Muscari is a genus of perennialbulbous plants native to Eurasia that produce spikes of dense, most commonly blue, urn-shaped flowers resembling bunches of grapes in the spring. The common name for the genus is grape hyacinth (a name which is also used for the related genera Leopoldia and Pseudomuscari, which were formerly included in Muscari), but they should not be confused with hyacinths. In the United States, they are also commonly referred to as bluebells, though certain regions reserve this name for bluebonnets instead. A number of species of Muscari are used as ornamental garden plants.
The genus Muscari originated in the Old World, including the Mediterranean basin, central and southern Europe, northern Africa, western, central and south-western Asia. It has become naturalized elsewhere, including northern Europe and the United States.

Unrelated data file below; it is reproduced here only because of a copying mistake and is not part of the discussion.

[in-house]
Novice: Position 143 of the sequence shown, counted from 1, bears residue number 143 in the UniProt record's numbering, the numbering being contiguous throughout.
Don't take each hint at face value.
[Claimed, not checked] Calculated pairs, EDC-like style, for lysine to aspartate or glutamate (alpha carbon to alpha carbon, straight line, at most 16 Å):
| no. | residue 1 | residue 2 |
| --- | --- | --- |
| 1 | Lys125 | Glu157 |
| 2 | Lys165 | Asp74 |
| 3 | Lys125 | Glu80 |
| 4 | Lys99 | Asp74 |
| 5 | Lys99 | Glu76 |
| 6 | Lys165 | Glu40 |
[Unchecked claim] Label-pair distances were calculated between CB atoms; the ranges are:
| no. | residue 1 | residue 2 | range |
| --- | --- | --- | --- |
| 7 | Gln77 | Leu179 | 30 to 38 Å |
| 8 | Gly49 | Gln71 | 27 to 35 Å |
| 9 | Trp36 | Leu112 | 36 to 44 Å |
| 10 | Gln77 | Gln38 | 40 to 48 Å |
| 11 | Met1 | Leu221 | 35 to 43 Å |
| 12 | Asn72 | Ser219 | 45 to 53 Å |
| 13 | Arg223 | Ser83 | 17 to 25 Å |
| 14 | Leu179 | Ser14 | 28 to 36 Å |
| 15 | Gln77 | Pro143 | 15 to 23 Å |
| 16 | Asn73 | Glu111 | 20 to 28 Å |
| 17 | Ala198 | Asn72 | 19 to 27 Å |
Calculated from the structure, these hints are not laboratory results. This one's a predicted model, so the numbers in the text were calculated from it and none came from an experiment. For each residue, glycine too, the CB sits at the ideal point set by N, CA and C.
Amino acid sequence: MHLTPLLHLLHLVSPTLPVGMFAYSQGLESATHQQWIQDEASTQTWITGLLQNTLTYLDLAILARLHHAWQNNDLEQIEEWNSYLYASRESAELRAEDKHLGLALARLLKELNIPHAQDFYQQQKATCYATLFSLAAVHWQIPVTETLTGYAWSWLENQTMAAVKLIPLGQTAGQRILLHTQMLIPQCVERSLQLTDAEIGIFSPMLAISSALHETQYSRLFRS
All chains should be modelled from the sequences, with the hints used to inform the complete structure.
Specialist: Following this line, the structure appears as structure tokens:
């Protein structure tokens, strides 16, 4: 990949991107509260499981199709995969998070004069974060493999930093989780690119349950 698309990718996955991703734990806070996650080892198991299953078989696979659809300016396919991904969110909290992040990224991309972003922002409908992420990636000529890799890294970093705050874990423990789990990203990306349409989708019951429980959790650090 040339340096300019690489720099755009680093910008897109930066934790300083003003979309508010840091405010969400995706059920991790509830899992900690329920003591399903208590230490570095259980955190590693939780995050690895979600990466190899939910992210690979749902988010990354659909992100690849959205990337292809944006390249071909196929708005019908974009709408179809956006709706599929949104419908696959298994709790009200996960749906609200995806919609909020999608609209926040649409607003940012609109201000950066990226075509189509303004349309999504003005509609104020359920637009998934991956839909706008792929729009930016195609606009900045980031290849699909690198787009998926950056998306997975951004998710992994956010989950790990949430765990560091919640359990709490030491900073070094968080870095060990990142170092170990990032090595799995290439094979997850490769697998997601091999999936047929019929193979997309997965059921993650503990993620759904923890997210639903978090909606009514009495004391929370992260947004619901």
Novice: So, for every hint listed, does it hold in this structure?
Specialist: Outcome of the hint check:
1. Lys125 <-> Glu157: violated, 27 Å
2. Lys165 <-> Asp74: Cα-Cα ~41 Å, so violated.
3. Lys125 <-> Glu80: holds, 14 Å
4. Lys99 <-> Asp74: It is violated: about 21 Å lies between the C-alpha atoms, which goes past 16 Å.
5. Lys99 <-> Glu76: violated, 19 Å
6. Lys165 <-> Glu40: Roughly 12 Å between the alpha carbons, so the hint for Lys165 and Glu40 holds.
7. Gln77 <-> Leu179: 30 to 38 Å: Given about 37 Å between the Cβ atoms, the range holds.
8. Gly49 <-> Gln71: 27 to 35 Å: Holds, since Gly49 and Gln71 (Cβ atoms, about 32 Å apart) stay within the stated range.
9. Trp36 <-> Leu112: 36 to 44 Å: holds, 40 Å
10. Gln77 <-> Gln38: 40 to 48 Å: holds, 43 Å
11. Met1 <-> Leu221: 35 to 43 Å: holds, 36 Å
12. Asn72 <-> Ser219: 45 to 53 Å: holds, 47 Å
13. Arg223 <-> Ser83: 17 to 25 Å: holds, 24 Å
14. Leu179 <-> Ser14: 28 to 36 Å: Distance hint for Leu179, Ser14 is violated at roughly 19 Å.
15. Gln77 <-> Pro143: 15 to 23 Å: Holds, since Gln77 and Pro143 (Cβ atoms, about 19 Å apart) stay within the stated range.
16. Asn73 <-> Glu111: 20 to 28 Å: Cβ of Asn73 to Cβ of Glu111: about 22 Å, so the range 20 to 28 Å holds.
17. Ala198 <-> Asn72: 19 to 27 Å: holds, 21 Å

Brian Mathew says that many species of grape hyacinths, including not only Muscari but also the related Leopoldia and Pseudomuscari, are difficult to distinguish. They usually have one or more narrow leaves which arise from a bulb. The flowers appear in the spring and form a spike or raceme, being held in a close or loose spiral around a central stalk. The flowers often become less tightly spaced as the flower matures. The flower colour varies from pale blue to a very dark blue, almost black in some cases (albino forms are also known). In some species the upper flowers may be of a different colour and shape to the lower flowers. Individual flowers are composed of six fused tepals forming a spherical to obovoid shape, constricted at the end to form a mouth around which the ends of the tepals show as small lobes or "teeth", which may be of a different colour to the rest of the tepal.